Plato's City-Soul Analogy and the Nature of Justice

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Plato's City-Soul Analogy and the Nature of Justice

By | October 2010
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What is the purpose of the city-soul analogy and does it help us understand the nature of justice?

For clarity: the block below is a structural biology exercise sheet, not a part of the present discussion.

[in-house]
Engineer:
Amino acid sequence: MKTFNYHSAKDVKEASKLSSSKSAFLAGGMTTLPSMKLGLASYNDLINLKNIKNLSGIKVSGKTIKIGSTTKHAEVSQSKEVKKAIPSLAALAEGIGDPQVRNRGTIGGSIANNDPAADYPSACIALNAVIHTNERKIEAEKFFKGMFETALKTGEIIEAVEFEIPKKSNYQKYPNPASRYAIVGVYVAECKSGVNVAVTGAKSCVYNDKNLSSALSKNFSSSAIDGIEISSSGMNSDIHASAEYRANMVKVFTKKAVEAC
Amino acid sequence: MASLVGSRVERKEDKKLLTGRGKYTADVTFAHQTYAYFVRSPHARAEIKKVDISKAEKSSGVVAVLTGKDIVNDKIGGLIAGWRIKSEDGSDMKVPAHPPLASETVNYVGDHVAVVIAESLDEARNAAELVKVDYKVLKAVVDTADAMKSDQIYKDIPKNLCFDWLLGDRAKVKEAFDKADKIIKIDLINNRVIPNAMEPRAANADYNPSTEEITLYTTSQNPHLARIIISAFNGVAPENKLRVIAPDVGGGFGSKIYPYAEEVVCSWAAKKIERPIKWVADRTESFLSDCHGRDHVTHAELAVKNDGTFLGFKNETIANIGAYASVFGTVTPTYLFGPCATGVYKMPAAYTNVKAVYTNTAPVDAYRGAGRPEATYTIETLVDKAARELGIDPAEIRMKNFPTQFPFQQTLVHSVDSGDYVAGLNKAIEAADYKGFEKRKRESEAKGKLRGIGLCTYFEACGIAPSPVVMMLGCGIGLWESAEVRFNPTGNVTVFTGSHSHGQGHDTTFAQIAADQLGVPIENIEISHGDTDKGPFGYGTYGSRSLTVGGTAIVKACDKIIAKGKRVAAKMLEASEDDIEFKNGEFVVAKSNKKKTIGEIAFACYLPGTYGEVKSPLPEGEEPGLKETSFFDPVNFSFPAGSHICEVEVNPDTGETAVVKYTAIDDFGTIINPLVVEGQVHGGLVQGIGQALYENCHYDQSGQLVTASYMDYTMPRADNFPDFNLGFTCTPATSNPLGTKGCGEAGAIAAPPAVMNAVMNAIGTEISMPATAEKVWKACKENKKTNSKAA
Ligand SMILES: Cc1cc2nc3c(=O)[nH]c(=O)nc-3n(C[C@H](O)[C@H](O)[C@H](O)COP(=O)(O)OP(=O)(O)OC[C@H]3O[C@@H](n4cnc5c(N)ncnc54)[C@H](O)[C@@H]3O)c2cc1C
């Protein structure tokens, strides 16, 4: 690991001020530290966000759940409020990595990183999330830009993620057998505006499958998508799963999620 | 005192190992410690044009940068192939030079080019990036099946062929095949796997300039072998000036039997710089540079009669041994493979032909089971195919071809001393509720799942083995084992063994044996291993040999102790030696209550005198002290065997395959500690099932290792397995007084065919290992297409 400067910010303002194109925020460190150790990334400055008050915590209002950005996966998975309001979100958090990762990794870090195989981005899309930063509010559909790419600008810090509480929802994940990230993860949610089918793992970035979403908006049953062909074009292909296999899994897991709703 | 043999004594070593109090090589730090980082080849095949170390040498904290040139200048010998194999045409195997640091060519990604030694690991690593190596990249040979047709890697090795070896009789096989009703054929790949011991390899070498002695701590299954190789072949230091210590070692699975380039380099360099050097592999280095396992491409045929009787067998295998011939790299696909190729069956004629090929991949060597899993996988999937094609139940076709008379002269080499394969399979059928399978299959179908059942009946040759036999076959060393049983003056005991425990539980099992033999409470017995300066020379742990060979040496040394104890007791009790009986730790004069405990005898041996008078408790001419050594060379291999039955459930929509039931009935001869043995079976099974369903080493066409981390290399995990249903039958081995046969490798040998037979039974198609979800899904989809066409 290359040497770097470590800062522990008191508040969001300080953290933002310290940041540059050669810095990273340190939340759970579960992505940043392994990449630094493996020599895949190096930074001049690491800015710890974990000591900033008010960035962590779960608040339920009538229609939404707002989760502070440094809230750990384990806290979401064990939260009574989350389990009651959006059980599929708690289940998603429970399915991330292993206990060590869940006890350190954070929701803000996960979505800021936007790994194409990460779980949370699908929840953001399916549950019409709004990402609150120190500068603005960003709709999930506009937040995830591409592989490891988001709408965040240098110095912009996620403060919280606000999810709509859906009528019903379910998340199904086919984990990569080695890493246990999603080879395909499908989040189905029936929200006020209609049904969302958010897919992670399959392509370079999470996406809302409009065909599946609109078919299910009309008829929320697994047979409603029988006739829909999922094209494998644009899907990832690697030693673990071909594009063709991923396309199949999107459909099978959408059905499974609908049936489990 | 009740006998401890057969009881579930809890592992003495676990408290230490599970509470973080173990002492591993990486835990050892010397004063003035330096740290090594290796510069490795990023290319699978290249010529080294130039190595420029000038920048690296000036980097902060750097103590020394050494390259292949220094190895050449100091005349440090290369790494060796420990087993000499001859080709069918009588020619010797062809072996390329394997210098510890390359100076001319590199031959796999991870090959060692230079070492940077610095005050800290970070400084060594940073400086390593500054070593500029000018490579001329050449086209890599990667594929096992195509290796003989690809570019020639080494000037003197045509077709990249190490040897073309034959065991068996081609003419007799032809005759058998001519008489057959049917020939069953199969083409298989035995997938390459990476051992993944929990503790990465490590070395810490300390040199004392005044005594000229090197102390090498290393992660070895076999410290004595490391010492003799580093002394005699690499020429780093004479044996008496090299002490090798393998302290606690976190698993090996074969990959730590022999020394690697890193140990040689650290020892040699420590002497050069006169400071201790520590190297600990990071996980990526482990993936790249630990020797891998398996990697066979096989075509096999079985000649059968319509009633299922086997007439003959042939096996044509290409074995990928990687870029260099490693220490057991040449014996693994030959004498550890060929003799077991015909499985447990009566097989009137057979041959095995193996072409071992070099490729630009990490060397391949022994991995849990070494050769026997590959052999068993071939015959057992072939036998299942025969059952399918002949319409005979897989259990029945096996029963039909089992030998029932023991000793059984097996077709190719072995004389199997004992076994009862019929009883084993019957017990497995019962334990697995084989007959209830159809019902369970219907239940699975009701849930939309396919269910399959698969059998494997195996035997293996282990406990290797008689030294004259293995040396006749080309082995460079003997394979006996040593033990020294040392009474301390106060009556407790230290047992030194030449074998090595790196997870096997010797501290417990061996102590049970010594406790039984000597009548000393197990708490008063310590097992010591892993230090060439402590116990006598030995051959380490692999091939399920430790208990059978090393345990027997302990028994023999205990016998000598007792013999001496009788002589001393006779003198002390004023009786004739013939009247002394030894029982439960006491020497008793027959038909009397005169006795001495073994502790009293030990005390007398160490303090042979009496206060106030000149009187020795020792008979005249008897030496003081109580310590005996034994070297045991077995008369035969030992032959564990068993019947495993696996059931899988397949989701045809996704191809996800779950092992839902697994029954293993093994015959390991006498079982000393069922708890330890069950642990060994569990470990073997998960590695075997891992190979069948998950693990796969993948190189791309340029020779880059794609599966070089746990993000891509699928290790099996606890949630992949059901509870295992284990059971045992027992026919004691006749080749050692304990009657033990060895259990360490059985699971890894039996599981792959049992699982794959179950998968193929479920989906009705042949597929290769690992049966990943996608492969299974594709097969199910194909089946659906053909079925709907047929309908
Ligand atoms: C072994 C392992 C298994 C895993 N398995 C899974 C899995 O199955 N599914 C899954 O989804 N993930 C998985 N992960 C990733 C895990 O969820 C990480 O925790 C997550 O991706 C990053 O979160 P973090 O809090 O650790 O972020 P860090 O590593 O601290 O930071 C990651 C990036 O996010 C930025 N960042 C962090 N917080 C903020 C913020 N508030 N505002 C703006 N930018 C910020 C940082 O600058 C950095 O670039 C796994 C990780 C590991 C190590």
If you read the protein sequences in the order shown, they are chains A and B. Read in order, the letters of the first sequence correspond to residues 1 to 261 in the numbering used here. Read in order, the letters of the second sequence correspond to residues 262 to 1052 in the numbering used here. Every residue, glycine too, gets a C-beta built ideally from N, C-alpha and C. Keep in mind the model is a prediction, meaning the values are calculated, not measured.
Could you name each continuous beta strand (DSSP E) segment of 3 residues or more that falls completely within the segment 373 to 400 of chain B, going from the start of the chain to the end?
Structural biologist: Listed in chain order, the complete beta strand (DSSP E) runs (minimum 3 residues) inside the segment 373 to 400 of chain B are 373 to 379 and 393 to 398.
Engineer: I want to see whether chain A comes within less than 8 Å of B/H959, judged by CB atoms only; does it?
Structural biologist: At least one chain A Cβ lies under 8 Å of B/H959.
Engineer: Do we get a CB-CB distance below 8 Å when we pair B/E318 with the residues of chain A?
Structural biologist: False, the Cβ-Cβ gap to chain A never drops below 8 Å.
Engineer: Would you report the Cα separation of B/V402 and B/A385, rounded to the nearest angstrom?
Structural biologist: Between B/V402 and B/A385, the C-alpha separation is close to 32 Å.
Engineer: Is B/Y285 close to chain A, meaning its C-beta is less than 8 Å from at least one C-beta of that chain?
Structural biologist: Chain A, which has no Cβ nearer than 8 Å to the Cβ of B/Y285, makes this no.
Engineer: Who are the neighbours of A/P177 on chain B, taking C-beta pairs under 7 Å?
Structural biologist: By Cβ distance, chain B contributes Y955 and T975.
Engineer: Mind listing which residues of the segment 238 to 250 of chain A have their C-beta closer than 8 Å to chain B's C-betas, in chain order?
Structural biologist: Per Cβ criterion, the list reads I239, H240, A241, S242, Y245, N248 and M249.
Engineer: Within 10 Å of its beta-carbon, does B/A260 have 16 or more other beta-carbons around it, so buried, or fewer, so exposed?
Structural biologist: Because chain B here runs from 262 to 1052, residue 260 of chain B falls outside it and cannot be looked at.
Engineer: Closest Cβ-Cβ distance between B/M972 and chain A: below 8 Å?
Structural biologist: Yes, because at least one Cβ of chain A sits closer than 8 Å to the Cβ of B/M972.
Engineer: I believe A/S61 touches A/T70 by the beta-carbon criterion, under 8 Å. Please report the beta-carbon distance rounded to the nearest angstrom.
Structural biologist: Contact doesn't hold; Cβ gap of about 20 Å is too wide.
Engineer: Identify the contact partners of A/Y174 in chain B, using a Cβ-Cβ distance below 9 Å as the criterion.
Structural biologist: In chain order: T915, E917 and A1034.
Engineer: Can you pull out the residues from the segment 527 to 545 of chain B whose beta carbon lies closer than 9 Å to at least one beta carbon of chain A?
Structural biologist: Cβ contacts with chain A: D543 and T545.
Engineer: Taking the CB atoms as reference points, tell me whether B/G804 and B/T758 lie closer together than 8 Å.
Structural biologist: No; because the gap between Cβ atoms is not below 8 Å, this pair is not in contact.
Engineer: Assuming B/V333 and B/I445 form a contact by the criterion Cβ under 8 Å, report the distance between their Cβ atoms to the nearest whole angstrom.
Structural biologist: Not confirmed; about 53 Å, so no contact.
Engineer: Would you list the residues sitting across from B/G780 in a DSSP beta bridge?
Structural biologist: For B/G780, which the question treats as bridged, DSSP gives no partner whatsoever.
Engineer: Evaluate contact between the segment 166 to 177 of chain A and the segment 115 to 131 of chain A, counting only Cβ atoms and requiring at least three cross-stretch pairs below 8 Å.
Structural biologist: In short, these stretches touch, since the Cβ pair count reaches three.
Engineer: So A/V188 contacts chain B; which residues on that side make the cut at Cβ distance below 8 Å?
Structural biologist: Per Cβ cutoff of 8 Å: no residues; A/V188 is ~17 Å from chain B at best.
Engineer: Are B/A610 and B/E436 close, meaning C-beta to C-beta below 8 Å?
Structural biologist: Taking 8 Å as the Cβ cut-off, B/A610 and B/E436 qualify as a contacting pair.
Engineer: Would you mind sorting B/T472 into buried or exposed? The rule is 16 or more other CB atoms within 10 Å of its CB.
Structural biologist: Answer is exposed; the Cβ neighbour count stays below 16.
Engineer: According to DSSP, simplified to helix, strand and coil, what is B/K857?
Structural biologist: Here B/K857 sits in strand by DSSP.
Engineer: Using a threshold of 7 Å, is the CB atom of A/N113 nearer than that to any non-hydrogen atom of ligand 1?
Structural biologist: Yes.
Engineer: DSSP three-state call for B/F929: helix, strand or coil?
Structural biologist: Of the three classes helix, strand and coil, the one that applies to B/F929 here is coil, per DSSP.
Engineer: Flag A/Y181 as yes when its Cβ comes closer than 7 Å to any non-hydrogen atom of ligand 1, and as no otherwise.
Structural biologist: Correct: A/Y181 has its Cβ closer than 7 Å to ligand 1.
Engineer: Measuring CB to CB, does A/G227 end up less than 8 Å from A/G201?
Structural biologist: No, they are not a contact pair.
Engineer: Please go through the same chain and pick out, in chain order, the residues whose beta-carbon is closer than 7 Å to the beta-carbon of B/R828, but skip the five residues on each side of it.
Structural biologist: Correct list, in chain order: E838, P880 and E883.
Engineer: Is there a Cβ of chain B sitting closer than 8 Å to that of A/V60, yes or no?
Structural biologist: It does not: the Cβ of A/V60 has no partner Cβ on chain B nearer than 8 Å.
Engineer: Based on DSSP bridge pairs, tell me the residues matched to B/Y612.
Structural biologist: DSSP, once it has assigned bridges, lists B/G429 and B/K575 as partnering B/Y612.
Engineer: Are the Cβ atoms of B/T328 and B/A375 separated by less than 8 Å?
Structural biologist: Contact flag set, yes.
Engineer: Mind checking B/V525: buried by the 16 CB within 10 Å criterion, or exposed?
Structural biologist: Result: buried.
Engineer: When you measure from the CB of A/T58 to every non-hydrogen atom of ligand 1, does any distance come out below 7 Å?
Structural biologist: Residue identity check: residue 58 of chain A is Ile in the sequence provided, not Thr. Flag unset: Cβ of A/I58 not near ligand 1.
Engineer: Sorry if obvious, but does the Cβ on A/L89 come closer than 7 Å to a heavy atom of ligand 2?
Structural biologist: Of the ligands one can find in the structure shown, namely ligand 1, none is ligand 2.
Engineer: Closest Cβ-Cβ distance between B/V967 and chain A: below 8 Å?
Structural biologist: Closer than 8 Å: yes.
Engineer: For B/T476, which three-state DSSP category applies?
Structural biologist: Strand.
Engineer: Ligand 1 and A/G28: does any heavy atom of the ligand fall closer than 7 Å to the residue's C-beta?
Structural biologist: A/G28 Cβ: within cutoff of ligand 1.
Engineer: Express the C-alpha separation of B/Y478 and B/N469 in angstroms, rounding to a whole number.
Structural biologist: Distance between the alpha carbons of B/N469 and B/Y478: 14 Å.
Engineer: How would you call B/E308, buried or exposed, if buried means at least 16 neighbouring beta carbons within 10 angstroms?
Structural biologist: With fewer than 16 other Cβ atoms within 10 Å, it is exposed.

In his philosophy, Plato places a large emphasis on the importance of the idea of justice. This emphasis can be seen especially in his work ‘The Republic’ where, through his main character Socrates, he attempts to define the nature of justice and to justify this definition. One of the methods used by Socrates to strengthen or rather explain his argument on justice is through his famous city-soul analogy, where a comparison between a just city and a just soul/individual is made. Through this analogy, Socrates attempts to explain the nature of justice, how it is the virtue of the soul and is therefore intrinsically valuable to the individual, but it becomes apparent in the analysis and evaluation of the analogy that there may have been several purposes behind it. Inconsistencies within the analogy itself also raise questions to the validity in Plato’s definition and justification of justice. As previously stated, the most apparent purpose behind the city- soul analogy is to illustrate and justify how justice is intrinsically valuable for the individual. Socrates first explains that there is justice both in the city and in the individual, and as the city is larger than the individual, justice in the city is presented on a larger scale and will therefore be easier to see. By considering justice in the city first, the analysis of it will help shed light on the inquiry of the justice of the individual, identified with his or her soul. There seems to be legitimate reasoning behind this analogy as both the city and the individual have justice as a common variable, but when taken out of its philosophical realm and is identified with real human tendencies and ambiguities – so different to that of an organized structure of a city –it is hard to view the sole basis of this horizontal parallel analogy of the city and the individual as being wholly viable. This will further...
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